Now that seismic upgrade work is complete or well under way on five of the Bay Area’s state-owned toll bridges, MTC’s Bay Area Toll Authority (BATA) is turning its attention to the remaining two: the Antioch and Dumbarton bridges.
A new analysis released at BATA’s monthly meeting today shows that bringing the Antioch Bridge up to current earthquake standards will cost $313 million, while hardening the Dumbarton Bridge will cost $637 million. The combined $950 million price tag for the two bridges includes contingencies, and support and mitigation costs. Staff also presented the committee with financing options, with a toll surcharge one of the likely components of the package.
The 1.8-mile Antioch Bridge opened in 1978 and arches over the San Joaquin River, connecting Contra Costa and Sacramento counties. The 1.6-mile Dumbarton Bridge is of a similar vintage, having opened in 1982; it traverses the southern portion of San Francisco Bay, connecting Alameda and San Mateo counties.
The Toll Bridge Program Oversight Committee (TBPOC), consisting of BATA, Caltrans and the California Transportation Commission, hopes to put these two projects on the fast track, with work starting in 2010, and completed by 2012 on the Antioch Bridge, and by 2013 on the Dumbarton Bridge.
When Caltrans initially conducted seismic analyses of Bay Area bridges, the Dumbarton and Antioch were the youngest among the region’s seven state-owned toll bridges and not in need of upgrades. But seismic engineering has advanced considerably in the last 25 years, and TBPOC has determined that it’s time to bring these two remaining spans up to modern standards.
In addition to briefing the BATA commissioners on the bridge strengthening program, staff laid out a plan for financing the new work along with other deficits in the bridge maintenance, operation and capital improvement budgets stemming from declining bridge traffic and increases in debt costs.
The funding package likely will include a $1 toll surcharge for automobiles on the Bay Area’s seven state-owned toll bridges beginning in 2010; how much to charge multi-axle vehicles like trucks will require further discussion, as will the question of whether to start charging carpools a toll. A $1 hike would bring the automobile toll on the state bridges to $5, still below the $6 charged for cash-payers on the Golden Gate Bridge, and well below fees charged on some other bridges and tunnels elsewhere in the nation. For instance, the one-way cash toll on the Verrazano-Narrows Bridge in New York is $10.
The toll on the Bay Area’s state bridges was last raised in 2007, from an automobile toll of $3 to a toll of $4. “We’ve squeezed everything we can out of that $4 toll,” said Heminger. “We financed a $13 billion construction program, which is a phenomenal amount of leverage.”
Of the $4, a full $2 is designated as a seismic surcharge. Previous and ongoing bridge retrofit and expansion projects include the monumental new East Span of the San Francisco-Oakland Bay Bridge, which is now under construction; the second span of the the Benicia-Martinez Bridge and a replacement westbound span for the Carquinez Bridge; seismic upgrades to the Richmond-San Rafael Bridge; reconstruction of the West Approach to the Bay Bridge; and widening of the San Mateo-Hayward Bridge.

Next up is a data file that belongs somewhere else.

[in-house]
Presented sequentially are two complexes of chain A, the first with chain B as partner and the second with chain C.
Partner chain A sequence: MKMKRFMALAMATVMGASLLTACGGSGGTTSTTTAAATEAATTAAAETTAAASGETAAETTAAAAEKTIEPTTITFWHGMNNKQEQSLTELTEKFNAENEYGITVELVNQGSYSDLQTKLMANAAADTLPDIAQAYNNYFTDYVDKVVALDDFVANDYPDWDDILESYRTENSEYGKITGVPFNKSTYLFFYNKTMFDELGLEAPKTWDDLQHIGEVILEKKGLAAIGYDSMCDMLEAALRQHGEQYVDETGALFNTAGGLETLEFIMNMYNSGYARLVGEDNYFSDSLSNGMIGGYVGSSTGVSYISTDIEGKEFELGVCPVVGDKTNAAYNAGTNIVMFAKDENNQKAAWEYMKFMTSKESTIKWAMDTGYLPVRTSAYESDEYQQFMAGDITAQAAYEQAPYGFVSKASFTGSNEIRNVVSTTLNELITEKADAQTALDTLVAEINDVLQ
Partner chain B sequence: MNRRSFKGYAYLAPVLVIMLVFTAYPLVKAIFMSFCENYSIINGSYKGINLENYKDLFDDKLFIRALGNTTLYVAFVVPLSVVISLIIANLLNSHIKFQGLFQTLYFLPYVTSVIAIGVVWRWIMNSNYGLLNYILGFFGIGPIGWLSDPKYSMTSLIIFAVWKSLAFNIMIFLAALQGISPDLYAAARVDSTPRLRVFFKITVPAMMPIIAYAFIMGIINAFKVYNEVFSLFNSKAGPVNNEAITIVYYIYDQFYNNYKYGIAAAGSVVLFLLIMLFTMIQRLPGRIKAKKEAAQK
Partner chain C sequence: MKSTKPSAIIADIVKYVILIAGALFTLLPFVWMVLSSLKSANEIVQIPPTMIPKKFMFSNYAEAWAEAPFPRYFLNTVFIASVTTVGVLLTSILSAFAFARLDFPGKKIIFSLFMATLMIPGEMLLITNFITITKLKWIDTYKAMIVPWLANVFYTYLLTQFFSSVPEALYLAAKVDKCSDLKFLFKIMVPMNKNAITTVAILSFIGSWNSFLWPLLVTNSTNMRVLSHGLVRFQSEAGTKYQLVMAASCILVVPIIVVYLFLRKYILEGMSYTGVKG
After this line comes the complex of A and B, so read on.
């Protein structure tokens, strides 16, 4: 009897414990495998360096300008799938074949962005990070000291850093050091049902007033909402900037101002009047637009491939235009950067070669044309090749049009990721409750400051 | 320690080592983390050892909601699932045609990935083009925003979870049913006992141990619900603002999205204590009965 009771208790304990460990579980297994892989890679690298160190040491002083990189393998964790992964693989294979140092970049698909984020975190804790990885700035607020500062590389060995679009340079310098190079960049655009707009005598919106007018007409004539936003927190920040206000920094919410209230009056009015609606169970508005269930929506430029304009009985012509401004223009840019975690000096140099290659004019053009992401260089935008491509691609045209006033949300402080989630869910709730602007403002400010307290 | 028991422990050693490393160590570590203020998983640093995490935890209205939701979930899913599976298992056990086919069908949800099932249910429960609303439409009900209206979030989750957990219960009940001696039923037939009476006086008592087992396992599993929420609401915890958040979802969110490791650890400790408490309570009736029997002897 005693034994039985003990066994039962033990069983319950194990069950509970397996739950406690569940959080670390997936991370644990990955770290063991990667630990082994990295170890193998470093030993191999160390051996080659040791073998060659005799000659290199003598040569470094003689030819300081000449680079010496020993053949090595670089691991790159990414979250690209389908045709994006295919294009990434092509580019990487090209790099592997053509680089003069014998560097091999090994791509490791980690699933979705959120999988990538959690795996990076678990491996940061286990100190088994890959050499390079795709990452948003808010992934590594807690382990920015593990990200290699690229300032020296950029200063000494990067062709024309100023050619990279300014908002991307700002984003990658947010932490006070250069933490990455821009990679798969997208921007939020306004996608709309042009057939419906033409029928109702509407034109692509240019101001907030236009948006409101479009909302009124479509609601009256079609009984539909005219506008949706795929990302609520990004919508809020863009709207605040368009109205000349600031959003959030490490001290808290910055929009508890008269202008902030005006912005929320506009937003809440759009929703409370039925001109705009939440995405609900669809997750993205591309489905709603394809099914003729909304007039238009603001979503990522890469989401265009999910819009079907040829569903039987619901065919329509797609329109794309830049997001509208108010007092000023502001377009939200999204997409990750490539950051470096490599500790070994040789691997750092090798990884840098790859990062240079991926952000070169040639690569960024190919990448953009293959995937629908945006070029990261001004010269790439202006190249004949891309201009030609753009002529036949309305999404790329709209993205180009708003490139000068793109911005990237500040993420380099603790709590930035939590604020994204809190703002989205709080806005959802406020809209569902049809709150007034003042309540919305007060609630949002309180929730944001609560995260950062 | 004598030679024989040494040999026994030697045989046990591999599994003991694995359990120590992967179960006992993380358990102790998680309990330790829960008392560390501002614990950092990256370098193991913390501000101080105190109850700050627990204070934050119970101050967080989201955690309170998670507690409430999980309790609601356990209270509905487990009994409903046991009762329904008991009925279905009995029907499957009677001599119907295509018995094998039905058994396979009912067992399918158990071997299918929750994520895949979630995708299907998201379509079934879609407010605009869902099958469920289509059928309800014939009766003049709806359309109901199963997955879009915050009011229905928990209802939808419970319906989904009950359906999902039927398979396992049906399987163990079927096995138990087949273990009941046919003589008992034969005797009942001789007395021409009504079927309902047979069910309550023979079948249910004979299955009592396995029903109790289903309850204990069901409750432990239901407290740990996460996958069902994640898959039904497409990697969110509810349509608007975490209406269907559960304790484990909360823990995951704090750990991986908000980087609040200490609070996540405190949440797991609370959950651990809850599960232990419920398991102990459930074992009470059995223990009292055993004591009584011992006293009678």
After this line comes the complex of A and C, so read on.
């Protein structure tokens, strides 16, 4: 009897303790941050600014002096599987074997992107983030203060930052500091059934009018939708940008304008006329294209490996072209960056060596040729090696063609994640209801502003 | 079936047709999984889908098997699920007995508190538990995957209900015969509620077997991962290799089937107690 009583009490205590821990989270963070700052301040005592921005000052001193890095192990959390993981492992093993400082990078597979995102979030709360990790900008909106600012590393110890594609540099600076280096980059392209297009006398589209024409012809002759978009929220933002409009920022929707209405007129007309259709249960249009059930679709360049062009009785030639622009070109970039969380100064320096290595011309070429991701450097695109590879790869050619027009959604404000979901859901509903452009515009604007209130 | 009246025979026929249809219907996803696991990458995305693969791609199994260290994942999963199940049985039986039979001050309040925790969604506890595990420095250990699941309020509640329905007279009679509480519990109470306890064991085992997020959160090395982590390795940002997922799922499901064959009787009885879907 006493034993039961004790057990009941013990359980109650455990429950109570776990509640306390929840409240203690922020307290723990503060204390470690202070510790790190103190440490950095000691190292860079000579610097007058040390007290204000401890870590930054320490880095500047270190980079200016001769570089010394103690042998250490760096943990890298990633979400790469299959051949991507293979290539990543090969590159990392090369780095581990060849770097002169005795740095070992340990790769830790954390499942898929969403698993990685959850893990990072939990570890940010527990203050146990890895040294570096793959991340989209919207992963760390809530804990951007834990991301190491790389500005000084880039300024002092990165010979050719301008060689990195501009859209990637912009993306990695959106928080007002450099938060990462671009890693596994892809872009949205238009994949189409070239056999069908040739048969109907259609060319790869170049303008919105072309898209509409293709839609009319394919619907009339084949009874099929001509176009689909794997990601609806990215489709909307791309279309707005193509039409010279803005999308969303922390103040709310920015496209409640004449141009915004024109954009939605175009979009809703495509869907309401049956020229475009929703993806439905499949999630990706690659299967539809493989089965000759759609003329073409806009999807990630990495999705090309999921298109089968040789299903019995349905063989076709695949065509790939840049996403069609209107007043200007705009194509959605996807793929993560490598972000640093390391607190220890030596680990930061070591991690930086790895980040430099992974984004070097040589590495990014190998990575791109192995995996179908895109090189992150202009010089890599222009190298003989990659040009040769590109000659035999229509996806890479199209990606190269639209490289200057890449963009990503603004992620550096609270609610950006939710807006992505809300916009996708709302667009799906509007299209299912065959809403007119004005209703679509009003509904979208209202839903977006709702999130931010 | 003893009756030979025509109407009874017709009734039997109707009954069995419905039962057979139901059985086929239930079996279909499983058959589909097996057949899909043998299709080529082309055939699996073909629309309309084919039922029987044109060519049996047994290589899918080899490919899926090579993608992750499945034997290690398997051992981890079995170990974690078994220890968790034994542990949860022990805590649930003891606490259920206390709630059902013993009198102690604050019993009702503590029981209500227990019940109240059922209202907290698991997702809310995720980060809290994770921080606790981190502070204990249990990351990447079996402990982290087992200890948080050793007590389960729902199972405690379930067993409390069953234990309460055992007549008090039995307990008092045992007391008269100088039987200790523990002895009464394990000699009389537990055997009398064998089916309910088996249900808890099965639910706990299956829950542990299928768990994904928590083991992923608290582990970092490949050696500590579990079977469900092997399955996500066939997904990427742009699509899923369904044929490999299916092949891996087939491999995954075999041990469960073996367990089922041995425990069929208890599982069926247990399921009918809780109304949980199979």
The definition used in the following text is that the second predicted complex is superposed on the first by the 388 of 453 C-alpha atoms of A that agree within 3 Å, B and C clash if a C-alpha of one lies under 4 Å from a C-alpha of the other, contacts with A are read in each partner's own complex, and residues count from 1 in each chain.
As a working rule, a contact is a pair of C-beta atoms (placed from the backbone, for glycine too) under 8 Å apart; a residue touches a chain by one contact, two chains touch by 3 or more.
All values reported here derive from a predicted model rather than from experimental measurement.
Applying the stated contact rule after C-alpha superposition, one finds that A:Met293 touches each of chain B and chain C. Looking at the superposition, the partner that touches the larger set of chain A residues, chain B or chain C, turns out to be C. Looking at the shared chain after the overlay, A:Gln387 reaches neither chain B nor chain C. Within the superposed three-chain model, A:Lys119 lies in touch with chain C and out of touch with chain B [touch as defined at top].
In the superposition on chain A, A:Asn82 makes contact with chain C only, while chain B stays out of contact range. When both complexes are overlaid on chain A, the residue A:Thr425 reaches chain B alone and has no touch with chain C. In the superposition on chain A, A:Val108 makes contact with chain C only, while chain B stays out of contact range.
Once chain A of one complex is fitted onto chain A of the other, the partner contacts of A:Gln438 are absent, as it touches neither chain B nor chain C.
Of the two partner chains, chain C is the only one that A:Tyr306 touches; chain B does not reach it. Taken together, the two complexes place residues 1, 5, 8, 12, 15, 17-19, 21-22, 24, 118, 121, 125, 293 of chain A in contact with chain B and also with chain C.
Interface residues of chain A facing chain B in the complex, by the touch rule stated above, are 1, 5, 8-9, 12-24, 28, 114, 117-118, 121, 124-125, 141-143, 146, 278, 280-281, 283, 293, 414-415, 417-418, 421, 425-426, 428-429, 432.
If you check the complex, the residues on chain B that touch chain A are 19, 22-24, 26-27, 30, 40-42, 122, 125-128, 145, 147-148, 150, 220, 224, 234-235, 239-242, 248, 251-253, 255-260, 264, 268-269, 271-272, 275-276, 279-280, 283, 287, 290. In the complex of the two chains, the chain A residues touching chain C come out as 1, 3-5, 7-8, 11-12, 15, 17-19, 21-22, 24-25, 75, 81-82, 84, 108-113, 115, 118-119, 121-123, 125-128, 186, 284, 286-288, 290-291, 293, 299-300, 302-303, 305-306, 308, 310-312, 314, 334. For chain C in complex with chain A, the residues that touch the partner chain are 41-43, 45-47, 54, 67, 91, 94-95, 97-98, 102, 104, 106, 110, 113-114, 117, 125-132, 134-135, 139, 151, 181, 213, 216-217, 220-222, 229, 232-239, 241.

Heminger emphasized the local, self-help approach to the financing plan. “It’s pretty apparent these days that there’s not a lot of extra state financing lying around,” he said. “Instead of asking the state for money, we’re asking for more authority to raise our own funding.”
The Legislature also may be asked to pass a bill incorporating the Antioch and Dumbarton bridges into the Bay Area’s state-sanctioned seismic-safety program, so that those two bridges can tap contingency funds already set aside for other Bay Area bridge seismic projects. In addition, the seismic retrofit projects may be able to tap into the infrastructure investment component of a proposed federal economic recovery program.
Simultaneously with seeking new funding to the tune of $140 million a year, BATA will be pursuing cost-savings, such as by streamlining the toll-collection process and introducing the next wave of expansion for the FasTrak® electronic toll collection system. Staff also hope to boost revenues by clamping down on toll violations.
Bridge traffic has been declining since 2004, a trend that has accelerated of late due to the economic recession and the resulting job losses as well as fluctuating gas prices. Between the first quarter of 2007-08 and the first quarter of 2008-09, bridge traffic decreased by 4.6 percent. “Toll-paying traffic is the mother’s milk of the bridge enterprise,” Heminger said. “That’s how we pay the bills.”
When gas prices soared, many transbay travelers diverted to BART, which is good for the environment and congestion, but challenging for the bridges from a financial standpoint.
In January, BATA will set the seismic projects in motion by considering the allocation of funding to manufacture prototype isolation bearings, which would isolate the superstructures of the two bridges from the substructures in the event of an earthquake.
BATA shares MTC’s staff, and is governed by the same panel of commissioners.
— Brenda Kahn